Accused of a crime, a Rwandan refugee has her day in court
A faulty subway fare card lands her in handcuffs and court. But all is forgiven when a white reporter shows up.
For the Monitor's yearlong multimedia project following Congolese third-grader Bill Clinton Hadam and his charter school community in Atlanta, correspondent Mary Wiltenburg blogs several times a week about the discoveries and missteps his refugee family makes adjusting to American life. Like the roaches in their apartment that swarm as Bill tries to do homework. Or his 8-year-old brother Igey's decision to Americanize his name. This week, Ms. Wiltenburg joined Bill's mother, Dawami, in court. This article is adapted from her blog report.Skip to next paragraph
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Tuesday afternoon, Rwandan Dawami Lenguyanga stood before an annoyed Judge Catherine Malicki of the Municipal Court of Atlanta for her arraignment on a charge of disorderly conduct. As Dawami’s friend Felix Mulamba translated, and her co-worker Felicia Jackson tried to testify on Dawami’s behalf, the judge frowned over her glasses.
“I don’t have time [for this],” she snapped.
Dawami’s latest encounter with the American legal system (earlier, an arrest warrant had been issued after she misunderstood a traffic court summons, costing her $340) began late one night last month when she tried to catch the subway home from work. She and Felicia, a Liberian refugee who came to Atlanta three years ago and has been doing housekeeping at Georgia State University two months longer than Dawami, bought fare cards and swiped them at the entrance of MARTA, the local transit system. A man stood on the platform, watching them.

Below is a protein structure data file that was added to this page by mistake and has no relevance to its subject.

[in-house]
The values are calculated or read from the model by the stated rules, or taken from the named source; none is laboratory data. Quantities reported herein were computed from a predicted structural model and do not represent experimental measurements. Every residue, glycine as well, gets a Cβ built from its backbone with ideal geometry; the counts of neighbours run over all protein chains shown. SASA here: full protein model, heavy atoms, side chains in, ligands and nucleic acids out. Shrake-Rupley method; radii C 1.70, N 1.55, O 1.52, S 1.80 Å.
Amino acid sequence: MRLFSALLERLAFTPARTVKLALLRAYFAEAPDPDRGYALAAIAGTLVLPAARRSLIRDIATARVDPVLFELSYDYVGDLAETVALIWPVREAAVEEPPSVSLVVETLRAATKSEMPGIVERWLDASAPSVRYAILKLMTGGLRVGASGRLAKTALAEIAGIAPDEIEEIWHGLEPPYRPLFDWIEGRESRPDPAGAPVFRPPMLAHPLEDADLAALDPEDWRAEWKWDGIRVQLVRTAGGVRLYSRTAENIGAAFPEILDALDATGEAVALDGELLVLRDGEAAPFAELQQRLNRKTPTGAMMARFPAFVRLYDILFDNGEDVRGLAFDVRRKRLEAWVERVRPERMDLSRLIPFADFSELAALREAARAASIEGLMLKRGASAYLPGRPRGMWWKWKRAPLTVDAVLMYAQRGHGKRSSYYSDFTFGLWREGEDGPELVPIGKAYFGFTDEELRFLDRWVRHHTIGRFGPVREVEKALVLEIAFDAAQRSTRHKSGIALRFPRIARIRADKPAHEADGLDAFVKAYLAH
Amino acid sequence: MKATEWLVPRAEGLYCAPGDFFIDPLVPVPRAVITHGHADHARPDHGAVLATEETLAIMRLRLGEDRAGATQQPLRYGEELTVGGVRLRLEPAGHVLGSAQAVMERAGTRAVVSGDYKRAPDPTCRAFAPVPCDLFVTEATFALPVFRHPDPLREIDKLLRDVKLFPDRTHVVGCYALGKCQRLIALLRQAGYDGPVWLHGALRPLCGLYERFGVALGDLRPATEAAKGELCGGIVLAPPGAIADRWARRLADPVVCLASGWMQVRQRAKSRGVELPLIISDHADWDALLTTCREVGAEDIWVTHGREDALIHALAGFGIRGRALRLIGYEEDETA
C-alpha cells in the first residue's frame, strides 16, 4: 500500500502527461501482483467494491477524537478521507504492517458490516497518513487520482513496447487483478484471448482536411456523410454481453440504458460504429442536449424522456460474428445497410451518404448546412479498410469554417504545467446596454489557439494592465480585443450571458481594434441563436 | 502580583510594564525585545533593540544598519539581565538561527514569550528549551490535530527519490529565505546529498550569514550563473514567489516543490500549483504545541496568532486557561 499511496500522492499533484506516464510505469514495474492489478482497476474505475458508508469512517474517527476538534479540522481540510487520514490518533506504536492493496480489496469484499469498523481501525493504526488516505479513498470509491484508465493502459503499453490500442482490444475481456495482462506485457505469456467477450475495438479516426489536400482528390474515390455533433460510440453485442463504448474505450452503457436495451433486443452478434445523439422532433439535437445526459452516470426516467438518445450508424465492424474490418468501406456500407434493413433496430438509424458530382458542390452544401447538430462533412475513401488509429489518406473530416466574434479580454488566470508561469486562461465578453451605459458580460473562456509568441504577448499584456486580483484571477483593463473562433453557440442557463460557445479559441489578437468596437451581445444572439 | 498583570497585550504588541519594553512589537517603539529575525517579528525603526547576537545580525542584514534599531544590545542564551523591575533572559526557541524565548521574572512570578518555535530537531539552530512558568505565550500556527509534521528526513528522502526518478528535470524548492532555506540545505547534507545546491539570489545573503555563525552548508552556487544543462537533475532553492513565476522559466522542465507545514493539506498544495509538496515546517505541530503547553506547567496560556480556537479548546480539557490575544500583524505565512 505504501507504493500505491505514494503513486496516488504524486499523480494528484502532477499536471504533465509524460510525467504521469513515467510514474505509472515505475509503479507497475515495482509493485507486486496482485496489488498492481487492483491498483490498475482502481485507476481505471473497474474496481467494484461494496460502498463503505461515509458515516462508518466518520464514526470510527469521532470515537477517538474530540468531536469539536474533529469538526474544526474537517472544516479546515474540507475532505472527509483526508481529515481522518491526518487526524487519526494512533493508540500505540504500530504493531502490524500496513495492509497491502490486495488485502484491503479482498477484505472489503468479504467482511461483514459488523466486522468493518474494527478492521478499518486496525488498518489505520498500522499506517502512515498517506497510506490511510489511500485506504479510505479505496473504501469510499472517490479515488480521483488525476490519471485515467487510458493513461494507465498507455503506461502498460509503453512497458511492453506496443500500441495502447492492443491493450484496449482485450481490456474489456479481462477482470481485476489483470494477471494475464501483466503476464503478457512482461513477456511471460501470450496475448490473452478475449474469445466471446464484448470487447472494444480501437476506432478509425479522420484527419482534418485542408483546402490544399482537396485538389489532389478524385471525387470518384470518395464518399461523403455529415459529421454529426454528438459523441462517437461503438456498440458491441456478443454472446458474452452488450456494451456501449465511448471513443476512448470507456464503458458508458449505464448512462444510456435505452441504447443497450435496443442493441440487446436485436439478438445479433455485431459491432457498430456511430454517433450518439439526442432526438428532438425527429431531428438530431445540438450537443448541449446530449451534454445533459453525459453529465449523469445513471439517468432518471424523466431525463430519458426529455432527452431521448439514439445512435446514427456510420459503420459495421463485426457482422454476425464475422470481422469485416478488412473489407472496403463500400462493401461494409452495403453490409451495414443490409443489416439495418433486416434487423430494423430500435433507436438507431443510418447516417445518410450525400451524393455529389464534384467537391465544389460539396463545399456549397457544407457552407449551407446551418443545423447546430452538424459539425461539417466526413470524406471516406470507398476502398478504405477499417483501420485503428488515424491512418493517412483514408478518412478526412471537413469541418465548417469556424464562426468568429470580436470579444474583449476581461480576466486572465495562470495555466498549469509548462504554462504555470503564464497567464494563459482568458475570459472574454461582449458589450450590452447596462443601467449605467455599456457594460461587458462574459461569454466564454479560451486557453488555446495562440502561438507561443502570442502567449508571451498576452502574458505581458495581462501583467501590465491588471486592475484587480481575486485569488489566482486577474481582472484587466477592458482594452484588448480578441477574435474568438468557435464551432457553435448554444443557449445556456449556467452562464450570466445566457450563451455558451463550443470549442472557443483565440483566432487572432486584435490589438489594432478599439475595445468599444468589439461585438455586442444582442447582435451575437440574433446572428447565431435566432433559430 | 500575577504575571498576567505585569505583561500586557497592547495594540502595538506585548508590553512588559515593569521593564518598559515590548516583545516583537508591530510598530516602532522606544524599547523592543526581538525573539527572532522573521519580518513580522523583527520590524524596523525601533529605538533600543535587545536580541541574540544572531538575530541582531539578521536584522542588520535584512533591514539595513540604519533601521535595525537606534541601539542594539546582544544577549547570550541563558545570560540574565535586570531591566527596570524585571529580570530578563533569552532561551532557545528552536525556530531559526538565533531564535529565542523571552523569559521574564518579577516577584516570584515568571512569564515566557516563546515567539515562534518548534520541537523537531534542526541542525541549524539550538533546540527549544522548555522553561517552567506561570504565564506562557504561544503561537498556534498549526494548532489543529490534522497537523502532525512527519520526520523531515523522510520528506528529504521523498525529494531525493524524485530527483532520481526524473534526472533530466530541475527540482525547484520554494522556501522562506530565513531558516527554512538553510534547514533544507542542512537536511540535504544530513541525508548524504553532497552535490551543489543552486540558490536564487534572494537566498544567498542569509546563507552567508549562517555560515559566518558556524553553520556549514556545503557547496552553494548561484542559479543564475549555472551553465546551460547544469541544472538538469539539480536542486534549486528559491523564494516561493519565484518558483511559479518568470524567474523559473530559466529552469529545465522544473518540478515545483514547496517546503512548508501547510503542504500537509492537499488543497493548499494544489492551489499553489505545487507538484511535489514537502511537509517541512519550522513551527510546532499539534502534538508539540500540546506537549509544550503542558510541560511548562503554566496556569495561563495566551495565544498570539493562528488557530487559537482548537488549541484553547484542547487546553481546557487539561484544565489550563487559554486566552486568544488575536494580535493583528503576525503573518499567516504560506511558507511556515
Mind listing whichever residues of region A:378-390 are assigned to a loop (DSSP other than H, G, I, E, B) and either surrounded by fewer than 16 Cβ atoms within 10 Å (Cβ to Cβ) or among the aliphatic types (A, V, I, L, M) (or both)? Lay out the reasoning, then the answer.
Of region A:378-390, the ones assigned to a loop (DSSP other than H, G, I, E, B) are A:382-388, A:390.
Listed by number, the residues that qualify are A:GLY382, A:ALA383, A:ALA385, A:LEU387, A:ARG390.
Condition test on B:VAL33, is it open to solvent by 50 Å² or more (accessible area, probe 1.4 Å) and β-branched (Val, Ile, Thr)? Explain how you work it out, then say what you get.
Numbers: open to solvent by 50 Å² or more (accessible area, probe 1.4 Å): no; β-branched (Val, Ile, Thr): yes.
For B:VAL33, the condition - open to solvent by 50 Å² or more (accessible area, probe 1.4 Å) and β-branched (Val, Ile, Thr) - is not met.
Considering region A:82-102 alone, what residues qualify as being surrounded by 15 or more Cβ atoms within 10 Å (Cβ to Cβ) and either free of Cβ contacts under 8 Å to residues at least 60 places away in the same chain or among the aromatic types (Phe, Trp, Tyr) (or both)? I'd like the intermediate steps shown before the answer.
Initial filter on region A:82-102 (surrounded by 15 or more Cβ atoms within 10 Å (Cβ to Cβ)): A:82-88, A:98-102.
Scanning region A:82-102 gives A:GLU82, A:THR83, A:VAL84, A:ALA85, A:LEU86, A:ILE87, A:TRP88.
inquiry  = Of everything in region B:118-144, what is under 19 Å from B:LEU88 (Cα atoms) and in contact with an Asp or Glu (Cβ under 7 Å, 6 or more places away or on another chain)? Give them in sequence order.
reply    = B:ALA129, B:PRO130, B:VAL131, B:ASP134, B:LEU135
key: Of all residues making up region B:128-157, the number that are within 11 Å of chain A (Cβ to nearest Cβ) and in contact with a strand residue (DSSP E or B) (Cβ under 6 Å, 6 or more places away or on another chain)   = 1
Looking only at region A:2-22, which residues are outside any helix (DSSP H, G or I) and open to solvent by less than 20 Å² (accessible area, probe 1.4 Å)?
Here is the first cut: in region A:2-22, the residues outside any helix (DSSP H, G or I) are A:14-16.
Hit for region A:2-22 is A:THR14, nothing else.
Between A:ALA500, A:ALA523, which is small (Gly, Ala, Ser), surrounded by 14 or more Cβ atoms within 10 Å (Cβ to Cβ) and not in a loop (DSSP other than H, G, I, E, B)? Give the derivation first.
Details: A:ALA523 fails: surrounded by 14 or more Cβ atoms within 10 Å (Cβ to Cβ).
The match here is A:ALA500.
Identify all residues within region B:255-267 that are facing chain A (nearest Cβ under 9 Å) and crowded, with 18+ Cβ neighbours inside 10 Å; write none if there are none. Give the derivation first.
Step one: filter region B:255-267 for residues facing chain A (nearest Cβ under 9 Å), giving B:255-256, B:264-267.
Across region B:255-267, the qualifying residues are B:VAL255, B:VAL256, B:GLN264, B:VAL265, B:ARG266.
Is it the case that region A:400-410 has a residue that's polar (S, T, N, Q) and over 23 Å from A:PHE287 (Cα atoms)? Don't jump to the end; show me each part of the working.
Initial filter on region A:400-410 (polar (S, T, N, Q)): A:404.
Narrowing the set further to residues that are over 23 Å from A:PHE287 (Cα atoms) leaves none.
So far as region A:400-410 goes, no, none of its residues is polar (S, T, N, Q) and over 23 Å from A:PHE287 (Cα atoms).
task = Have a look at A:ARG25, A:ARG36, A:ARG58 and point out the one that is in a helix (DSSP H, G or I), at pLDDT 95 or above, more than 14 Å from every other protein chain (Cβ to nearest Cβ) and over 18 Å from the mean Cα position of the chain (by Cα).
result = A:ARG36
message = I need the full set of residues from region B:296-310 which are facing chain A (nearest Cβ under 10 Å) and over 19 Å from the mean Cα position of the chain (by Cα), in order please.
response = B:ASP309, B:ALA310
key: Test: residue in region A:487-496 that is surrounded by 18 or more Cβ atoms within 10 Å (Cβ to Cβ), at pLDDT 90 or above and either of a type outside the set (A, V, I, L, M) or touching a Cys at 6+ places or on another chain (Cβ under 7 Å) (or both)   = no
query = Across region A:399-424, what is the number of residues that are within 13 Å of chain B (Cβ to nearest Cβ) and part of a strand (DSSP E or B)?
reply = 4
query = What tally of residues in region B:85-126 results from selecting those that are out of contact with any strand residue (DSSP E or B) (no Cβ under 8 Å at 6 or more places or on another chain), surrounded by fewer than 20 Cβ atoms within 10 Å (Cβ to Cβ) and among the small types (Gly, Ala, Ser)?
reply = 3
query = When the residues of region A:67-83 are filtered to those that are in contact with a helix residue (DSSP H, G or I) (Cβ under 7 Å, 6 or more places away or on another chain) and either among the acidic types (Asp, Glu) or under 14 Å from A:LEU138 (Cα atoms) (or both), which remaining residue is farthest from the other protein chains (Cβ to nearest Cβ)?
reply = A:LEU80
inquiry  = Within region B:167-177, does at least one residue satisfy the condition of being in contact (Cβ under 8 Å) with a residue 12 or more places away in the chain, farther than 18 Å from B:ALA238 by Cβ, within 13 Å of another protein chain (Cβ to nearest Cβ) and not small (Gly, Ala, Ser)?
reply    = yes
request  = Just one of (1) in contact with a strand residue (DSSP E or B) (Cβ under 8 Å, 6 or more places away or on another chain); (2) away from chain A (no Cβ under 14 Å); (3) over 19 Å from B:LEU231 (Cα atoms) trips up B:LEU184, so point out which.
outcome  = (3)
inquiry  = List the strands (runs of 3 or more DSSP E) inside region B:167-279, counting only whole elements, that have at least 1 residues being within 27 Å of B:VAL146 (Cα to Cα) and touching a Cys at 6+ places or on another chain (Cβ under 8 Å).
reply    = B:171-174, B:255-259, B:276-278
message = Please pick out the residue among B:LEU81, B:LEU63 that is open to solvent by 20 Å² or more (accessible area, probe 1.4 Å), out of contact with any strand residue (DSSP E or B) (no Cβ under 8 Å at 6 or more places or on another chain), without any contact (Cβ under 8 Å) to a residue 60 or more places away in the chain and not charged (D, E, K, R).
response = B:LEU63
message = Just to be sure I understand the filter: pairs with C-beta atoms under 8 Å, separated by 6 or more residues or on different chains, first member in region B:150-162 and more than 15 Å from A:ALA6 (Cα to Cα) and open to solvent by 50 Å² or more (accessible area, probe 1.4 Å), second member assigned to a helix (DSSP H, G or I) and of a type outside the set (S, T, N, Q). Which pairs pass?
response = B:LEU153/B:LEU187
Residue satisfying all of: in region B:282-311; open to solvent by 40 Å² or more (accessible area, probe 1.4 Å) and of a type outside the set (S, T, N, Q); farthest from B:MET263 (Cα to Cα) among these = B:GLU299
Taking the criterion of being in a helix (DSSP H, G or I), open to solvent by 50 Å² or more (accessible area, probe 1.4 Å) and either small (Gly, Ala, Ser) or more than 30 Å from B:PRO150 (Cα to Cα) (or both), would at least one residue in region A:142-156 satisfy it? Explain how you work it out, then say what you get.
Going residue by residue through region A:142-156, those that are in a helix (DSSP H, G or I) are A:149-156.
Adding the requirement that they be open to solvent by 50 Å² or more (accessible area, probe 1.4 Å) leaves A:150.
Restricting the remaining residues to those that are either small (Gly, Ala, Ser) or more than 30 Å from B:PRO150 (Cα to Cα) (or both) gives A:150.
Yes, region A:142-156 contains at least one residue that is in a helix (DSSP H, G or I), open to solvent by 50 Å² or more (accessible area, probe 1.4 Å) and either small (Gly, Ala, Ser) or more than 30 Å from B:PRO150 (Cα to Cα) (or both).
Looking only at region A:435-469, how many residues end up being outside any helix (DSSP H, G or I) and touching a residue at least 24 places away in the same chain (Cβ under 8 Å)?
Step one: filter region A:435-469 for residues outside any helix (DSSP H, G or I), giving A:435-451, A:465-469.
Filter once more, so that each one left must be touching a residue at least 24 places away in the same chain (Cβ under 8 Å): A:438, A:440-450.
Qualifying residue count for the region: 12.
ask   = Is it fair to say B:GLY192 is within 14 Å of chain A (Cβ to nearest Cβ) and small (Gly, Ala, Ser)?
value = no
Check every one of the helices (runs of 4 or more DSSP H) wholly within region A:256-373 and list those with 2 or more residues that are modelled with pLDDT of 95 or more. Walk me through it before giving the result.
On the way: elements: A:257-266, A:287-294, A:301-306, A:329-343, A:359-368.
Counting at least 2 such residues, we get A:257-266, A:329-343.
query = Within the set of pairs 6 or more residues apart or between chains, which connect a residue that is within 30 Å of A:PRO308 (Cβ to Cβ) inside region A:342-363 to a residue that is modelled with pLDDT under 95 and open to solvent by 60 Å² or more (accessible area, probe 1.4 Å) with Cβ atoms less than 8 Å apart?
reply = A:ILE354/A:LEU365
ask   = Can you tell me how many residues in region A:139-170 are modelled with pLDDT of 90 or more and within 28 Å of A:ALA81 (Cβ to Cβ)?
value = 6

Felicia’s card worked fine, but when Dawami scanned hers, the women say, the card-reader couldn’t register it. They were running to catch the train, which connected to the 10:45 p.m. bus home; if they missed it, Bill and Igey would be alone while they waited for the next one, at 12:15 a.m. So when Dawami’s card failed to read, she piled through the gate behind Felicia and the women ran for their train.
The man, they say, followed them, shouting: “Put your hands behind your back!” Dawami – a native Swahili speaker who came to Atlanta two years ago – didn’t understand the command. Felicia, a no-nonsense mother of five, intervened, explaining that Dawami didn’t know much English. The man, a MARTA policeman, handcuffed Dawami and took her into a back room. Felicia says she waited nearly two hours for her friend’s release, frantically showing the ticket saleswomen Dawami’s receipt and fare card. She says that one ran the card through her machine, and confirmed that, as the receipt showed, it had $5 on it.
The MARTA officer, unnamed on the ticket, wrote this report: “Enter[ed] into the paid area without paying the required $1.75 fare by following a paying patron through the faregate” – and ordered Dawami to appear in court on a “disorderly conduct” charge.
There she was on Tuesday afternoon, missing work her first month on the job and baffled by prosecutor William Wansker’s explanation of possible pleas: guilty, not guilty, and no contest. As he detailed the differences, Felix and Felicia conferred in French. Twice, Mr. Wansker asked them not to talk during his instructions. Then he took questions.